7 Books Every Coder Should Read

Who said learning to code had to be all work and no play? Check out this list of seven must-read books that put a fun spin on learning and understanding the world of code.


Code Simplicity by Max Kanat-Alexander

Code Simplicity is a great book for junior and advanced programmers alike. This useful resource presents the principles of design theory and a fresh perspective on the art and science of coding.  Though very helpful, this book isn’t necessarily a “how-to” guide.  It explains the best practices of coding and the reasons behind them; teaching the reader how to rewrite existing code to be more manageable.

A great aspect about Code Simplicity is that it isn’t language or platform specific, so it’s useful for any coder looking to improve their game.


Eloquent Javascript  by Marjin Haverbeke

This book features JavaScript, one of the more complex and popular coding languages.  It helps teach the reader how to write concise, elegant code by starting with the basics and working up to more complicated tasks.  Eloquent JavaScript will help you harness this powerful language in a fun, effective way.

With its easy to follow structure, this book will build your skills gradually once you’ve established a strong foundation.  Each example in this book builds on the previous lesson, helping you to strengthen your understanding and truly learn a single concept before moving on to the next.


HTML and CSS: Design and Build Websites by Jon Duckett

This book adds the right touch of color to approaching HTML and CSS in a way that can appeal to a wide audience, not just programmers. This book is aimed toward beginners and readers outside of the field, but also serves as a great resource to pad the knowledge of even the most seasoned coders.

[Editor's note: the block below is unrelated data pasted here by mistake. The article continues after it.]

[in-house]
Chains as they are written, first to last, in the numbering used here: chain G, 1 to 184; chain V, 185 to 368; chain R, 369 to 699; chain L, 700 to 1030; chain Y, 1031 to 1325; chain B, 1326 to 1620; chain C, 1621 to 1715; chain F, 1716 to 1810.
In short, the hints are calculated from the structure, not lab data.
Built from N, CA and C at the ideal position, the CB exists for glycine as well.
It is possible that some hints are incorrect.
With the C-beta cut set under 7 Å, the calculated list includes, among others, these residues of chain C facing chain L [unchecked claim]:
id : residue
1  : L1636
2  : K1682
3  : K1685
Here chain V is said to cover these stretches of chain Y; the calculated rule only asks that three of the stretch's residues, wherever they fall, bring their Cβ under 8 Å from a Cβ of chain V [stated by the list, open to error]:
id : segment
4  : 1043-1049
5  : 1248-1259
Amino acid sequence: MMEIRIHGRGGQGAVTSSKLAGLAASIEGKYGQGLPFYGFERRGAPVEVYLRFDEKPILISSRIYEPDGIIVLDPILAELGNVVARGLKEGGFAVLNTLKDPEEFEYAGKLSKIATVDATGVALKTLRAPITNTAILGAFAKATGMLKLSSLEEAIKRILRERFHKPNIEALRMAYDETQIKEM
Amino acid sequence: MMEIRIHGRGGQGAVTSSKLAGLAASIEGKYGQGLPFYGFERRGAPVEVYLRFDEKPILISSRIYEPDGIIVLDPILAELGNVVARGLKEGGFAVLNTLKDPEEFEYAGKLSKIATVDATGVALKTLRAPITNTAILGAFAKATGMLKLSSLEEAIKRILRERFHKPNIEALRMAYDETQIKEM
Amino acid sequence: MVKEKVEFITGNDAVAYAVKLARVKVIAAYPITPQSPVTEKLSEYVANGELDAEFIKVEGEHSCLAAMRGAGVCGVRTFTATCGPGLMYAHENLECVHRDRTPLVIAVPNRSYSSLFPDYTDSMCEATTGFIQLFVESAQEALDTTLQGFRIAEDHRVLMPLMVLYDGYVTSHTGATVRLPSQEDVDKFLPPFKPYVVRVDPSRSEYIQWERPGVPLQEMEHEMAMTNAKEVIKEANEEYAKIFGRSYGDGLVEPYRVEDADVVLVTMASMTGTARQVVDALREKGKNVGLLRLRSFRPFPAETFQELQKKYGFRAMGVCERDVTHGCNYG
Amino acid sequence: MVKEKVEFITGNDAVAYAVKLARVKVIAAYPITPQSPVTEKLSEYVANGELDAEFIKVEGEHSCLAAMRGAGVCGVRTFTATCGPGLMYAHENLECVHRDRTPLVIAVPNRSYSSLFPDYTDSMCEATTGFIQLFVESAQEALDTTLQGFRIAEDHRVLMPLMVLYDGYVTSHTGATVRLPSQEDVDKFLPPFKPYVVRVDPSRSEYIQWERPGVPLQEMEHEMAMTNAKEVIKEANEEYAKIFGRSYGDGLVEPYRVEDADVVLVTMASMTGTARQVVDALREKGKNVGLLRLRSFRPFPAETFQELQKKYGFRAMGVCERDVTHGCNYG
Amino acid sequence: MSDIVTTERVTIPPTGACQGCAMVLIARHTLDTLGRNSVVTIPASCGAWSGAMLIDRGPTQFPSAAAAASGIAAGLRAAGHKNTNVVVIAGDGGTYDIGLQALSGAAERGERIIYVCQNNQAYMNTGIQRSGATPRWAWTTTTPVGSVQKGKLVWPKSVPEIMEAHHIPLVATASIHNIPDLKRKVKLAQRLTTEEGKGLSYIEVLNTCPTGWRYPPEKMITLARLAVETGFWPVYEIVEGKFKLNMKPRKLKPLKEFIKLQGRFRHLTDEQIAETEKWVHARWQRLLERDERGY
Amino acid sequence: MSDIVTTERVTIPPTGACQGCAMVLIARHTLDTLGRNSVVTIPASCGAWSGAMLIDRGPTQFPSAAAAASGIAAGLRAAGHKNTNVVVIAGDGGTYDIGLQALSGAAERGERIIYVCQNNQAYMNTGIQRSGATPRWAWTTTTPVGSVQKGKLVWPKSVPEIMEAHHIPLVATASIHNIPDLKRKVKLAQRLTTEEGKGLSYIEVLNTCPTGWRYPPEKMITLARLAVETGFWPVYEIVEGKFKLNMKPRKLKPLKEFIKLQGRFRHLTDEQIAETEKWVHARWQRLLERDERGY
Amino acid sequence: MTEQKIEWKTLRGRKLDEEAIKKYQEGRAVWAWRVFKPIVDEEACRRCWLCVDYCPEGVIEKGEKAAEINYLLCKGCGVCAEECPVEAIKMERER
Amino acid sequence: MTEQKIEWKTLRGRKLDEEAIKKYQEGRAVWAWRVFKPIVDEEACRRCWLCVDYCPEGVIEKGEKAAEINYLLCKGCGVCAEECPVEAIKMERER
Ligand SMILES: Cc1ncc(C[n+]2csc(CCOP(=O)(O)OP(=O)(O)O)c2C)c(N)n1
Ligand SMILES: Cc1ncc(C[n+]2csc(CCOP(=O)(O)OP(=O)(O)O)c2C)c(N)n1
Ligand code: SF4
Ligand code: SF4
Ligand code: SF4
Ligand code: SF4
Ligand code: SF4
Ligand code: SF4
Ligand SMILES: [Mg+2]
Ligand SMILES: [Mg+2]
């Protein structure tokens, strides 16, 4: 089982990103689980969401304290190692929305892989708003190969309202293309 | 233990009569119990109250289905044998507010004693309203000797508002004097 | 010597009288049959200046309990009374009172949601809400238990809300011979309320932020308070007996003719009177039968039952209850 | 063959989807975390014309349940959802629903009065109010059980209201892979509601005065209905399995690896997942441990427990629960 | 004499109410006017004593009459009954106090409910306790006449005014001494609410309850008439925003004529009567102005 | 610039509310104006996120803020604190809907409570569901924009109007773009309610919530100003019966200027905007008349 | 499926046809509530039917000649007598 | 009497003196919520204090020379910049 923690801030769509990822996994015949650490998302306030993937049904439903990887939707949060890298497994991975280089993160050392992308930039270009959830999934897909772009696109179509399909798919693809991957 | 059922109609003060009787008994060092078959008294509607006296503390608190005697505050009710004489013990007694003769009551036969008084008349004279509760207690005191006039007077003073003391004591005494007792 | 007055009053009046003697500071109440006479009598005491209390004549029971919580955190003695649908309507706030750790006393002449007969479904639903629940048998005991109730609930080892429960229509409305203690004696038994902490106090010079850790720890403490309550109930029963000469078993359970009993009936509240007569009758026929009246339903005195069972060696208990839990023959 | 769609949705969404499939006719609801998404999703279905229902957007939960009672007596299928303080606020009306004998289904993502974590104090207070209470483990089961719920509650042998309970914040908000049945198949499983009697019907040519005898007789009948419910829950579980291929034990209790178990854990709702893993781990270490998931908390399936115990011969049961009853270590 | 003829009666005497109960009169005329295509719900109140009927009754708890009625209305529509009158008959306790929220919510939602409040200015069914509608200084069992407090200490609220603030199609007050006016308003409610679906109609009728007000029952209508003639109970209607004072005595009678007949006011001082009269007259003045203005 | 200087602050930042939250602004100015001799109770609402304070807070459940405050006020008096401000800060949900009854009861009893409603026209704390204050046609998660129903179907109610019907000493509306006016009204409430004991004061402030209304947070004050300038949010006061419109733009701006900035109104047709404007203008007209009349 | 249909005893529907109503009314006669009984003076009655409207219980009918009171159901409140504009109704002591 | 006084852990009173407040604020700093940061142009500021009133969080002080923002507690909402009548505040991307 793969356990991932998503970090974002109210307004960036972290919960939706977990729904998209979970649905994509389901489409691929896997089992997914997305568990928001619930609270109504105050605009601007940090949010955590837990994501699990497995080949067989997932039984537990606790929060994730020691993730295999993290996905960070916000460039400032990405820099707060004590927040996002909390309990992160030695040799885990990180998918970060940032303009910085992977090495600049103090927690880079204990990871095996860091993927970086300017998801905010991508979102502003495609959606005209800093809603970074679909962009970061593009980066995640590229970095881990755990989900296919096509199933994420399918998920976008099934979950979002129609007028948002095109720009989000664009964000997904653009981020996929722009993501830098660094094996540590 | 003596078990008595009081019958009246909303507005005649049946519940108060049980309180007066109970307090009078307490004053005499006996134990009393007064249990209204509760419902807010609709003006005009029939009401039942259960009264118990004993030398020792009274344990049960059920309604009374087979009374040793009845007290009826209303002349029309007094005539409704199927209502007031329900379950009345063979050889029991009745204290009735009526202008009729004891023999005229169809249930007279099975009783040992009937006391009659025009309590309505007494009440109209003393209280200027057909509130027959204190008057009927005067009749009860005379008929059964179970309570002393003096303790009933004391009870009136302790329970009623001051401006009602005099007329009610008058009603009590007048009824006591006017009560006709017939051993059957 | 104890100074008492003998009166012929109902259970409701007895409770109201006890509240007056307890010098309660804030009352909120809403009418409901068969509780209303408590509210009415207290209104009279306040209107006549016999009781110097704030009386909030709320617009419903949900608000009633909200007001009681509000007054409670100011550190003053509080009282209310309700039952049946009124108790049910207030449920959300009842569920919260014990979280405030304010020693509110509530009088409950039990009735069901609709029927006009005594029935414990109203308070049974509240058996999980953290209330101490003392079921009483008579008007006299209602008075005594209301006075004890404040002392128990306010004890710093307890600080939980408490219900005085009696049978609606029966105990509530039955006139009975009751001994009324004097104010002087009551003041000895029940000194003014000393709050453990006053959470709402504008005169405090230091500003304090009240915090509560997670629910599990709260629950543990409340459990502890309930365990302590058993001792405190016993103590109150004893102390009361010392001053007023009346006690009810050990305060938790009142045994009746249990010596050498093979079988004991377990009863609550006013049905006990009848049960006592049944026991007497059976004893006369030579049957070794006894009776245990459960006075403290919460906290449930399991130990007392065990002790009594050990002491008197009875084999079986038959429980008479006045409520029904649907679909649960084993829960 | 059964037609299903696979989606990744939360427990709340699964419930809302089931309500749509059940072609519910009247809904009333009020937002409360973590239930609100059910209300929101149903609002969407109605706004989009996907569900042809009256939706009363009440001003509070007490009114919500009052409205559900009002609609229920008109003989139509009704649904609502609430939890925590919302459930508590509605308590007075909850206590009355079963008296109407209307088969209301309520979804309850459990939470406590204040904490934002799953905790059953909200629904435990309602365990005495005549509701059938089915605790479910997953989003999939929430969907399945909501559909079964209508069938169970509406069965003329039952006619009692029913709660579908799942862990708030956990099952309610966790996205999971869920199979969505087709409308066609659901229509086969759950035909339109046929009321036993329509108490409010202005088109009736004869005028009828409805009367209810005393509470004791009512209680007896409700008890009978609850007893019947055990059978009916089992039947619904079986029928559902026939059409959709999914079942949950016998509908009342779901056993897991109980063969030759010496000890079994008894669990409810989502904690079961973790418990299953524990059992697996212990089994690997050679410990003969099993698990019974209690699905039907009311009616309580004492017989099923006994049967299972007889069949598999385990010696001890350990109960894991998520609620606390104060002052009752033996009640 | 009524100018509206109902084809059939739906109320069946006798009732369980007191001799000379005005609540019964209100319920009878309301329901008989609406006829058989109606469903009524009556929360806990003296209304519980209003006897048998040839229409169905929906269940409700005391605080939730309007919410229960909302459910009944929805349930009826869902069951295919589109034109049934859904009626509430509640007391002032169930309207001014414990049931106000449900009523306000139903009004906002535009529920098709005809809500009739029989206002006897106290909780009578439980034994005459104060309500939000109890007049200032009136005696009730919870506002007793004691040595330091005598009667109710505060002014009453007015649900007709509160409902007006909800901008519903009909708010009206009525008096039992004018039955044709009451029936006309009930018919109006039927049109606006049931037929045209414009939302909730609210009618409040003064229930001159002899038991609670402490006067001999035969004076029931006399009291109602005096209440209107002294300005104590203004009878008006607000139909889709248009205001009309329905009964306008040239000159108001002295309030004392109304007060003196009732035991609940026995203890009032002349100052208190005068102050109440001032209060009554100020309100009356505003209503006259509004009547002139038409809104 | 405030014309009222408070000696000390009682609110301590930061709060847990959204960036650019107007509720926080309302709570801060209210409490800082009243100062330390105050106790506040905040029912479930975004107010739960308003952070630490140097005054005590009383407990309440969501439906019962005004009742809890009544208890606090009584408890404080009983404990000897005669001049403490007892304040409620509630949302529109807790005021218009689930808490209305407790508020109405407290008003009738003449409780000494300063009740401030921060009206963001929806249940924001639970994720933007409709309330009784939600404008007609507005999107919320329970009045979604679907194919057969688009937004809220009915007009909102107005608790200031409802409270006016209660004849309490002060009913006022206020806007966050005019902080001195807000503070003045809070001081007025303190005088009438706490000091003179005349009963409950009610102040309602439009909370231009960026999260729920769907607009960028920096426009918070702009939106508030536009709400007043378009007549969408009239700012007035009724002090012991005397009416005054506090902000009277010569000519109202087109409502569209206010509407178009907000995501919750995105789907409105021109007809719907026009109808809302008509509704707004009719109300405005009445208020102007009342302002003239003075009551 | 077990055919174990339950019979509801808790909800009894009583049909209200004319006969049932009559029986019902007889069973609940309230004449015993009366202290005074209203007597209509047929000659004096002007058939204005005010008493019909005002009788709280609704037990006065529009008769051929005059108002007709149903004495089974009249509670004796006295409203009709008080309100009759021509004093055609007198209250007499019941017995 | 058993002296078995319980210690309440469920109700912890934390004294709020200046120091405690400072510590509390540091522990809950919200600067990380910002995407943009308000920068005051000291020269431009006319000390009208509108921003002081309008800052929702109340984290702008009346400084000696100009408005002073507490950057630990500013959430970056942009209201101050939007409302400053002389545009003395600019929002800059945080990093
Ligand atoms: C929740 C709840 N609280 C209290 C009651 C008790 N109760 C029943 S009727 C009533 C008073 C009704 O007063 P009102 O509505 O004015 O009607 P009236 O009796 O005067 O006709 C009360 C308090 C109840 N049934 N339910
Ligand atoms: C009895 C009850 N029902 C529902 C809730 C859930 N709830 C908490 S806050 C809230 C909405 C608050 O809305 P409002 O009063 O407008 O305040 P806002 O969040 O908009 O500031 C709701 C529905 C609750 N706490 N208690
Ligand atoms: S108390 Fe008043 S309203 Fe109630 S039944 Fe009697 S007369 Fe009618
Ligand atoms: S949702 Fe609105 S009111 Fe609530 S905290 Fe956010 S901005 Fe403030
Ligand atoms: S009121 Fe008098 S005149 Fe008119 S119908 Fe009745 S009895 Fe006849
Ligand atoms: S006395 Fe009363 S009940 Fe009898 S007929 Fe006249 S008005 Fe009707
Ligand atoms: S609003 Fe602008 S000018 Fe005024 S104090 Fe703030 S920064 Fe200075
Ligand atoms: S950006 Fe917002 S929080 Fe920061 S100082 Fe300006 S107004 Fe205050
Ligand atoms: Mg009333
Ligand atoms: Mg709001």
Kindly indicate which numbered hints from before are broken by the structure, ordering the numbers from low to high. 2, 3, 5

Programmers aren’t the only ones who can use HTML and CSS skills. Students, bloggers, users of e-commerce, or someone who just wants a new hobby can read HTML and CSS: Design and Build Websites to learn the fundamentals or as a reference guide.


The Pragmatic Programmer by Andrew Hunt and David Thomas

Any programmer can benefit from this great read, because it’s not directed toward any one specific programming language.  The Pragmatic Programmer has the potential to help programming grads transform into employable, useful team members. By defining the line between programming as a hobby and doing it professionally, your  vision of beginning a programming career will become clearer.

This book will teach you new ways to think  about programming, and how you can apply your skills  to find solutions to real problems, and produce results.


Release It! by Michael T. Nuggard

Not every coding book teaches or discusses the code-writing process. Release It! focuses on maintaining a program once it’s been released. This book uses the assumption that any code can fail, and describes how to fix bugs, and broken integrations so they don’t become costly setbacks.

Learn to prepare yourself for the worst before going into the project, so you’ll be able to handle the heat with confidence in the knowledge it takes to get things running smoothly again. Readthis book and you may be the team hero the next time your system breaks down.  


The Passionate Programmer by Chad Fowler

If you’re the programmer that’s worried about what kind of job you see yourself in once you’re ready to start the job search process, The Passionate Programmer is the read for you. This book will help you determine the characteristics of a tech company that you want to join, and how to discover which one is right for you. .

By the end of this read, you’ll be confident in your ability to carry out a job search; not as a desperate unemployed programmer, but as a confident professional who knows what they want from a company and their career.


The Ruby on Rails Tutorial by Michael Hartl

A must-read for developers, this tutorial (which is also available free online) is a detailed tutorial guide on building rails apps. The Ruby on Rails Tutorial allows the reader to build a website as they go, while teaching you everything you need along the way. This one is the perfect start for someone who’s always wanted to build, design, or automate something.

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